Monday, January 7, 2013

Missing the point

Always missing the point:

How is "fire and forget" remotely believable when I can slot and ready more than one "copy" of a spell?
So, you can buy into fireball spells, dragons, levels, hit points, and a ton of other game-related concepts, but Vancian Magic is where you draw the line? Seriously? The question isn't, "I think Vancian Magic sucks, how can I fix it?" Plenty of people thought the same thing when D&D was initially released. Have you ever seen another RPG before? No, the question is requesting an explanation as to why anyone could ever accept Vancian Magic as believable because it's possible to memorize more than one fireball spell at a time.

MISSING THE POINT

When I read all those Dying Earth stories, a couple years ago, long after playing rpgs for eons, it finally clicked in my head as to why D&D handles spells in the manner in which it does. Okay, that's cool and I like it and whatever because I've moved from merely playing games to trying to understand their raison d'ĂȘtre. But D&D is a game and that's how shit worked in the game, and fuck you if it doesn't make any sense, you're just an idiot. It's perfectly valid to say you don't like it, to change it, play something else, however you want to approach the issue. But the notion that it's unbelievable? What. It's a fucking GAME. Further, it's based on stories that pretty much handle spells the same exact way. Go ahead and tell Jack Vance his spell-casting system doesn't make any sense. You're allowed. I'm sure  he'd enjoy spending his last days alive trying to justify a system of magic in his stories within the context of your capacity of comprehension.

"Hit points aren't a remotely believable representation of wounds." So what? Are you sure about that, anyway? Ask any medical doctor to explain how bullets affect the human body and if he gives an answer other than "getting shot is bad" he's a fucking hack. No one knows. We have no idea how wounds operate in real life, so how the hell would we know about how magic works in a hypothetical D&D world?

MISSING THE FUCKING POINT

I have no problem with people who want to create logical reasons for why things are done a certain way in games. It's sort of like being interested in how warp power works in Star Trek; just a nerdy pursuit that helps you enjoy the show more. But at a point the Star Trek nerd is either going to swallow pseudoscience and accept it so he can watch the show and have fun, or bitch about it ad nauseum and be a pedantic fuck. If you think I'm being hypocritical given my recent review of that dreadful Hobbit movie, my gripe was how much it deviated from the story, not about how hobbits shouldn't even exist or elves couldn't possibly be resistant to diseases for thousands of years because eventually a super virus would mutate an affect them. D&D magic works how it works because that's how it works. Requesting information on how it works is fine, but stating it defies belief? Show me how you cast spells in real life and if that D&D doesn't match up then you're right, it's unbelievable. Just go fuck yourself, please.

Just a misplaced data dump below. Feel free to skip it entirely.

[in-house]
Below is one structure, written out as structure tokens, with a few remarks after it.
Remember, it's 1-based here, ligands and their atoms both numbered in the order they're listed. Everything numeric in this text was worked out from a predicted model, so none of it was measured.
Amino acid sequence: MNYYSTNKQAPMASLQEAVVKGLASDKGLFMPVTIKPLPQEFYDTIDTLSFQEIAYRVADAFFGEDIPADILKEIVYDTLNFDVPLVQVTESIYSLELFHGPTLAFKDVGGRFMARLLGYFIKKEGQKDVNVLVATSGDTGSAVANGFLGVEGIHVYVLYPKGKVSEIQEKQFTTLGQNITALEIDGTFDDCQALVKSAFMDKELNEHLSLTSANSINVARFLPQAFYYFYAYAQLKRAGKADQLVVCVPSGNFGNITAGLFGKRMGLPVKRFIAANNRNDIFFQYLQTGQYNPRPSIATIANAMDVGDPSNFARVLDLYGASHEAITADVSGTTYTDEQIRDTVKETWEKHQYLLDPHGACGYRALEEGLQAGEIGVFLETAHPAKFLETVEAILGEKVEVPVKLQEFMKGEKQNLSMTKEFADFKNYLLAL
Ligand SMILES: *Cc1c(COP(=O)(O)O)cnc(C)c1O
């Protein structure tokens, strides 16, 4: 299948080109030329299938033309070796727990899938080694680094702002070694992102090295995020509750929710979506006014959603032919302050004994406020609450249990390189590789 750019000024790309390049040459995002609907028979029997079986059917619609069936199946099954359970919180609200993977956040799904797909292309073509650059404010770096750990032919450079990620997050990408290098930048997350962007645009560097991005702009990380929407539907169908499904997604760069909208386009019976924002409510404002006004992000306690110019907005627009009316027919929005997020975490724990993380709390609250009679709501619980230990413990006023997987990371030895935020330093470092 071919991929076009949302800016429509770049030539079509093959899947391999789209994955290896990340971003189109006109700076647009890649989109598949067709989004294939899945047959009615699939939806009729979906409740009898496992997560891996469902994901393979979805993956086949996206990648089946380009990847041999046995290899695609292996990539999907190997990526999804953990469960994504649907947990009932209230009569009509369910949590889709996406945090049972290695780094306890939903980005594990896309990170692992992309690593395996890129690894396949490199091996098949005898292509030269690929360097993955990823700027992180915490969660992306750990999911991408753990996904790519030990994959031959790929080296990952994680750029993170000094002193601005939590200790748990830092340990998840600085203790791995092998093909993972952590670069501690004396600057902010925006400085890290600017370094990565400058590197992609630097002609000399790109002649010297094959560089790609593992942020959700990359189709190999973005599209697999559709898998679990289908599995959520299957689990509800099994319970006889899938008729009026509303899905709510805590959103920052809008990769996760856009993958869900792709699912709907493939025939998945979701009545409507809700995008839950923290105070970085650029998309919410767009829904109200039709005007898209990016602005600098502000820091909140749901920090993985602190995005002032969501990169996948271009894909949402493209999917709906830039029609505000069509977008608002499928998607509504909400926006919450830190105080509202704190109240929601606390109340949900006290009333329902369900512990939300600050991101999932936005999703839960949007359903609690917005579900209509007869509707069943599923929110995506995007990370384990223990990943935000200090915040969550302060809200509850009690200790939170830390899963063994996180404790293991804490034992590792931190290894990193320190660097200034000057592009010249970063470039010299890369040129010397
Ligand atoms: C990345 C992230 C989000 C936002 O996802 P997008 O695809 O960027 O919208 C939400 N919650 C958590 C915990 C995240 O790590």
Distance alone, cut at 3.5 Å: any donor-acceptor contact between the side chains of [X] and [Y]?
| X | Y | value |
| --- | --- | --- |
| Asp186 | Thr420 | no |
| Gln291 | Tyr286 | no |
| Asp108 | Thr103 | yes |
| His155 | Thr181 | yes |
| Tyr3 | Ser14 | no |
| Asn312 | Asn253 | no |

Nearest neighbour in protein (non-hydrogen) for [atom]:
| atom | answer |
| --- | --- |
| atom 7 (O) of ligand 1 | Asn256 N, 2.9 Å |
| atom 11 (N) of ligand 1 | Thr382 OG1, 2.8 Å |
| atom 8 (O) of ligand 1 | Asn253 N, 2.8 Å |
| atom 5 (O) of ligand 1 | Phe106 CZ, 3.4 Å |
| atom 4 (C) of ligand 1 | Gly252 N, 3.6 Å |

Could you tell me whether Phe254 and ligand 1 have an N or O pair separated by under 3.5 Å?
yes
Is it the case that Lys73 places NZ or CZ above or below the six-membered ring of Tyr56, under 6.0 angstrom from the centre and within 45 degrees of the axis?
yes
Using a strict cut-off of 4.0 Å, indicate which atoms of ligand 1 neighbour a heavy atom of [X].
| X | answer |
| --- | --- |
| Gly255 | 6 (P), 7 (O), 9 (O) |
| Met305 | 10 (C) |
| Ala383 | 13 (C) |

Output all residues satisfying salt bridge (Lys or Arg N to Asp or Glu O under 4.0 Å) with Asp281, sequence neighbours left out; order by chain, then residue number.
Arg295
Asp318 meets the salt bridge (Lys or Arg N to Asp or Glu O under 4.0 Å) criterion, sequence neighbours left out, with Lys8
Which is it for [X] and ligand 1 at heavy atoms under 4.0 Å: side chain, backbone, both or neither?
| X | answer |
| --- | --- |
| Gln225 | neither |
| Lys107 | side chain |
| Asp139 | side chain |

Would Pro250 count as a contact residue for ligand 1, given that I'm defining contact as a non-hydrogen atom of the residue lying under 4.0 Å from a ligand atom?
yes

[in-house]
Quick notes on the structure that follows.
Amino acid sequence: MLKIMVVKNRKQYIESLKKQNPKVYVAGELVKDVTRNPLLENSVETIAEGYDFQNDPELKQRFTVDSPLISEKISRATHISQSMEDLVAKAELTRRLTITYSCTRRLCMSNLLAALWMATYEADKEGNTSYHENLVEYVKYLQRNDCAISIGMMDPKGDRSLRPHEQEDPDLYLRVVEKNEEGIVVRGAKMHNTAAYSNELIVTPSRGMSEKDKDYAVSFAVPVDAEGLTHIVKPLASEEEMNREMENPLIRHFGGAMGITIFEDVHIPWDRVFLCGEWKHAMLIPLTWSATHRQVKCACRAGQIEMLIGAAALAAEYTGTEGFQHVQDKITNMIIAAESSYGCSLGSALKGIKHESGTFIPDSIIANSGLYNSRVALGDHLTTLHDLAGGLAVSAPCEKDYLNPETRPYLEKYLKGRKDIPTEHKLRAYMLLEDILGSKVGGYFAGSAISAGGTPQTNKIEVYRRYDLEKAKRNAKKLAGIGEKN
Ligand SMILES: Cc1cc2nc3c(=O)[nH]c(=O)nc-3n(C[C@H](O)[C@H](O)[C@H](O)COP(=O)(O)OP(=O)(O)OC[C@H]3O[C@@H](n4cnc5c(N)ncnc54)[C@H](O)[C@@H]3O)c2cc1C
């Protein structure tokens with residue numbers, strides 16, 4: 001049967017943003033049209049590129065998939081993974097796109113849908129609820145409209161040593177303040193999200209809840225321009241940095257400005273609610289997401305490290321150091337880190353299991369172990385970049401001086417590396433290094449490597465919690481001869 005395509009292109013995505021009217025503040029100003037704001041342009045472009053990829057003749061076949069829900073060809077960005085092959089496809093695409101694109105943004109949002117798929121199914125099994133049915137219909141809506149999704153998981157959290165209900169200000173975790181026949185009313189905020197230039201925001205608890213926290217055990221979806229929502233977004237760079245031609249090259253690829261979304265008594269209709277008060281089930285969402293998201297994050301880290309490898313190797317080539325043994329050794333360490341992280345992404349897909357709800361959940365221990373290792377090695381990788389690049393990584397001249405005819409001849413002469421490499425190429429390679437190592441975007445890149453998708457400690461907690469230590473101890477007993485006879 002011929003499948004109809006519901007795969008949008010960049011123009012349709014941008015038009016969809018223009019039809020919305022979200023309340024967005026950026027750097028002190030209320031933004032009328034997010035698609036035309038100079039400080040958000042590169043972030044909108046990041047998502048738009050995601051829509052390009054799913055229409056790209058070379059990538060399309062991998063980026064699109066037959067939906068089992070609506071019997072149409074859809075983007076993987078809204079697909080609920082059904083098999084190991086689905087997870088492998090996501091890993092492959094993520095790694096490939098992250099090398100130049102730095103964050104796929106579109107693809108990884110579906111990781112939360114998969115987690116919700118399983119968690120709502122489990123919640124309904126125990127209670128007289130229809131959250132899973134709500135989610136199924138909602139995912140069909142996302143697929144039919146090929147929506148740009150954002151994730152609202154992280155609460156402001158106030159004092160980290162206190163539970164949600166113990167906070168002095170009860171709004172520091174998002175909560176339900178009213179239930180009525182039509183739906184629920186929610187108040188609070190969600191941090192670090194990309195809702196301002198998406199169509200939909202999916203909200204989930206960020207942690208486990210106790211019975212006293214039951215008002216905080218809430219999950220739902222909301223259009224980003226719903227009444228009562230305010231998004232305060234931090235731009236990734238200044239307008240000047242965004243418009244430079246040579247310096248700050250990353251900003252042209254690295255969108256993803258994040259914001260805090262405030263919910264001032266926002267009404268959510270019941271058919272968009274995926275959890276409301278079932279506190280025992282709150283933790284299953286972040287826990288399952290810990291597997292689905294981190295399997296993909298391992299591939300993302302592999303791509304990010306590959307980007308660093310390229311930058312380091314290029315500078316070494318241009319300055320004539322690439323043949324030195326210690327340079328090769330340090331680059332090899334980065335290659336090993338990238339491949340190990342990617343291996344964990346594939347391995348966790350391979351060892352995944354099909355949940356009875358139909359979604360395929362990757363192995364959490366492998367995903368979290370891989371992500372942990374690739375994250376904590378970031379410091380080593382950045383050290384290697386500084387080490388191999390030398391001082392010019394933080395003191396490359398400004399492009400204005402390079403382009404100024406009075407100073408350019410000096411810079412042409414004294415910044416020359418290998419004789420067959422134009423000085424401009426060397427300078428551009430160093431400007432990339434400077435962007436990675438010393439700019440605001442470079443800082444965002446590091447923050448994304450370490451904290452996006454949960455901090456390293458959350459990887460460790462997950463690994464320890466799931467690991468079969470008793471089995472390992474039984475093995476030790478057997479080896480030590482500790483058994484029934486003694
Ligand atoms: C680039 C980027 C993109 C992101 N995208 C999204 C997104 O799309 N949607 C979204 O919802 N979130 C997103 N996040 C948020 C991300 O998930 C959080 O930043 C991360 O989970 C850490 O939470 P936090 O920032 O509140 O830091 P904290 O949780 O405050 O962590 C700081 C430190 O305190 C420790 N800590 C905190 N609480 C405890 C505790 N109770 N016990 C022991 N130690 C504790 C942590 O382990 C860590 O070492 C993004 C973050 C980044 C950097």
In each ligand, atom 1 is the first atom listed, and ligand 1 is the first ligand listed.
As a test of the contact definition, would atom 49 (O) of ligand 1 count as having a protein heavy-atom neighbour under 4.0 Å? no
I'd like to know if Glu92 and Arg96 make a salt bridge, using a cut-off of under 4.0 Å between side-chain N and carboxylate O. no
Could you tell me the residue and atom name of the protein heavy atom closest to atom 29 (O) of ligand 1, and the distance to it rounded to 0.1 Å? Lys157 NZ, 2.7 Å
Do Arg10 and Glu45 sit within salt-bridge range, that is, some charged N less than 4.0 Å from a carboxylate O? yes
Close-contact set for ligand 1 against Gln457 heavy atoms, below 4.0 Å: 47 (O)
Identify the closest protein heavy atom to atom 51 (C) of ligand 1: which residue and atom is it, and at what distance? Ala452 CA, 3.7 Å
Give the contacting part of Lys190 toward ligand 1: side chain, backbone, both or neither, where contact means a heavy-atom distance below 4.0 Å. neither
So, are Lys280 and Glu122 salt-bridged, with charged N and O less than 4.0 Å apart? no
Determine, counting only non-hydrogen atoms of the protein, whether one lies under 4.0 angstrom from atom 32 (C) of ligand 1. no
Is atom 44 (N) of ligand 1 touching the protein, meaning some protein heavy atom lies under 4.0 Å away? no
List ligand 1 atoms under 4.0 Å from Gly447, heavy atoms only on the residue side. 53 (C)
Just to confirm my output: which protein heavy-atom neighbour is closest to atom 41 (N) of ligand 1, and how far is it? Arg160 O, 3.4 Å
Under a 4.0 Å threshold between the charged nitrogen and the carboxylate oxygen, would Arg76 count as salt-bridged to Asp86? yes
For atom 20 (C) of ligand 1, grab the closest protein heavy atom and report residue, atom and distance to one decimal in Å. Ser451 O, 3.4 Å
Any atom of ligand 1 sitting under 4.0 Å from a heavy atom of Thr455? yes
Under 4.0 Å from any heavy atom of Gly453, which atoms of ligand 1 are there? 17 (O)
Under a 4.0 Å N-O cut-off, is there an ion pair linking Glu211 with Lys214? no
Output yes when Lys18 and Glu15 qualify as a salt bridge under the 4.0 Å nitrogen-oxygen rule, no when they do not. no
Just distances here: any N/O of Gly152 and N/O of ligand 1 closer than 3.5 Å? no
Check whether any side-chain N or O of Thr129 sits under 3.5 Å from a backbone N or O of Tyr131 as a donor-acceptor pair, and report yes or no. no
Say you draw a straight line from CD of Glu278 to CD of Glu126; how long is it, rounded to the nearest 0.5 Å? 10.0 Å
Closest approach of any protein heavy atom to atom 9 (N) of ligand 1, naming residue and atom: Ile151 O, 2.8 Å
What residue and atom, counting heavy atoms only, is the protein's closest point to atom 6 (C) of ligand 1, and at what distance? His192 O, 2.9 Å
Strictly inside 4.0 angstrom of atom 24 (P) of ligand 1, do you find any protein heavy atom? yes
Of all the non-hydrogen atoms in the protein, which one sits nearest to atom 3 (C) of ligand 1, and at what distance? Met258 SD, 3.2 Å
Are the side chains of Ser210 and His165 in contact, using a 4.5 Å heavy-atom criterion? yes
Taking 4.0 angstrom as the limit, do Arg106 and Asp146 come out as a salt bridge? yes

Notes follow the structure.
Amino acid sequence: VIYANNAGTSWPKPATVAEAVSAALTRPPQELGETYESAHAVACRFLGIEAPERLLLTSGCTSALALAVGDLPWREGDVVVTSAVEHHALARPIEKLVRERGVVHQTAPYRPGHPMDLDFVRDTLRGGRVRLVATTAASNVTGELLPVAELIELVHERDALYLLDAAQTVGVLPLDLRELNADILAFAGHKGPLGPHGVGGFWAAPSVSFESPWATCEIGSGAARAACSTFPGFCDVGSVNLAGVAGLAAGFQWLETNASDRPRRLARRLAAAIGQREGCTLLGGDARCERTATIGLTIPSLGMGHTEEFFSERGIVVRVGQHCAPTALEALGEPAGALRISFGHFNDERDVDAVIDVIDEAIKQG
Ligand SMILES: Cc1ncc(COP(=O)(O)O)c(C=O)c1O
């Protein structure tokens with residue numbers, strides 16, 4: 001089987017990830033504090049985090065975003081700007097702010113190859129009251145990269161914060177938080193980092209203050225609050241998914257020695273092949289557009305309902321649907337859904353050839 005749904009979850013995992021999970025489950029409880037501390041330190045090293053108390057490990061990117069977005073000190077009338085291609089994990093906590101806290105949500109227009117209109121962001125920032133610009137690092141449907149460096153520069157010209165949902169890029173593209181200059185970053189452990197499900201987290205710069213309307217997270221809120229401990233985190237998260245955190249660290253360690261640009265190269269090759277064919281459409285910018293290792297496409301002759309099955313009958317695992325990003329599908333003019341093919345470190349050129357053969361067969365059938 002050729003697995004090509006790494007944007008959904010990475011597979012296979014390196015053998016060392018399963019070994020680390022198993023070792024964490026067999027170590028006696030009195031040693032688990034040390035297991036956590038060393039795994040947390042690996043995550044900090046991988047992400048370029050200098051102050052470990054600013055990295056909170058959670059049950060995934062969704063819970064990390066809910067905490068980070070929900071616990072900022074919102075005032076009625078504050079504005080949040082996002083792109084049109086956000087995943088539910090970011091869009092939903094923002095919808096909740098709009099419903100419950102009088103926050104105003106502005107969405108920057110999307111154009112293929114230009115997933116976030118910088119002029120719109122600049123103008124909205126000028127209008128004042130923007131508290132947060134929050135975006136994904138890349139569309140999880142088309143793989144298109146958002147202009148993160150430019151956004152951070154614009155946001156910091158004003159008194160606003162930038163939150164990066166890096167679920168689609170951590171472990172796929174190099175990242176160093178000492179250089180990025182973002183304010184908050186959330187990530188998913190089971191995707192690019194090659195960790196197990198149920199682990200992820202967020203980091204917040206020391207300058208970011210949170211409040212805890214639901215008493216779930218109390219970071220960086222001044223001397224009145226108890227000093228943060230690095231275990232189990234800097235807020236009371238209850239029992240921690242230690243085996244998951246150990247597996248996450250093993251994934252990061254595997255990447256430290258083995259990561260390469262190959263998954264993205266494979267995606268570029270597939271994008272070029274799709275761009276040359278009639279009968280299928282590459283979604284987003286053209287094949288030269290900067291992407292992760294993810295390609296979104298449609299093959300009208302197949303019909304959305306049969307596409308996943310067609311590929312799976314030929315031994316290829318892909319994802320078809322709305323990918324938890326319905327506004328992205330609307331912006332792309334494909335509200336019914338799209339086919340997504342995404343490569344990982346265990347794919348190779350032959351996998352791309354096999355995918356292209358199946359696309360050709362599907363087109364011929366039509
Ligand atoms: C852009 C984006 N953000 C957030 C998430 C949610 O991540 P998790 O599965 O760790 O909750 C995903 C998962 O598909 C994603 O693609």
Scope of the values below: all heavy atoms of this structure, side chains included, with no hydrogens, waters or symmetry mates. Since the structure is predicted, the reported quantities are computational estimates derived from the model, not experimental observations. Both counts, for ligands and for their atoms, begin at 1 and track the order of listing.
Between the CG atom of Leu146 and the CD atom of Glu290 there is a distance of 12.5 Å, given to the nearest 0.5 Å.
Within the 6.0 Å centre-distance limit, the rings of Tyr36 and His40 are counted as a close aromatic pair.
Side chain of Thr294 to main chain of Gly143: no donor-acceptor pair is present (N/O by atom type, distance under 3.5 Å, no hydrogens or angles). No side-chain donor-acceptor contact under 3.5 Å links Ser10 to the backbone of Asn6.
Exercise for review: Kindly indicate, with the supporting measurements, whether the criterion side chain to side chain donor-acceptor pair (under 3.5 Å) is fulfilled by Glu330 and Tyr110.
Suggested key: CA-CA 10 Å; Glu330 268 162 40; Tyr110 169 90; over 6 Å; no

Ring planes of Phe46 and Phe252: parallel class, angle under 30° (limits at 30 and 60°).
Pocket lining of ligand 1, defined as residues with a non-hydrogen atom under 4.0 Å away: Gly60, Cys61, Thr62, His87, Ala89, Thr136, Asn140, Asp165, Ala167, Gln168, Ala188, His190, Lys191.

4 comments:

  1. Amen. It works because it makes an interesting in-game choice about limited resources. Oh shit what spells am I going to need for this adventure?

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  2. I agree. Besides, if you yearn for a "realistic" explanation for Vancian magic, it's trivial to come up with you. In fact, Vance already provides you for you.

    You lost me with the bullet analogy, though. We know quite a bit about bullet trauma and the physics behind it. Unless you mean how a particular bullet effects a particular human body.

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    1. I mean specifically that there is no way to know how any particular bullet will affect any particular body. People have been killed by .22LR bullets fired from miles away and basically shrugged off high-velocity rifle rounds to the face. In rpg terms, .22LR does 1D6 damage, .338WM 5D6 damage, or whatever. Randomizing wounds and abstracting them into hit points, why not? I can fire a million bullets into ballistics gel and come up with some guidelines about lethality, for instance (.357 mag has 98% one-hit stopping power, for instance), but that has zero to do with reality. There's no way to tell how wounded a dude will get from a handgun unless you shoot him. My point about the doctors was simply they can't predict the future better than anyone else, they can only say, "Yeah, that bullet wound sucks", after the fact.

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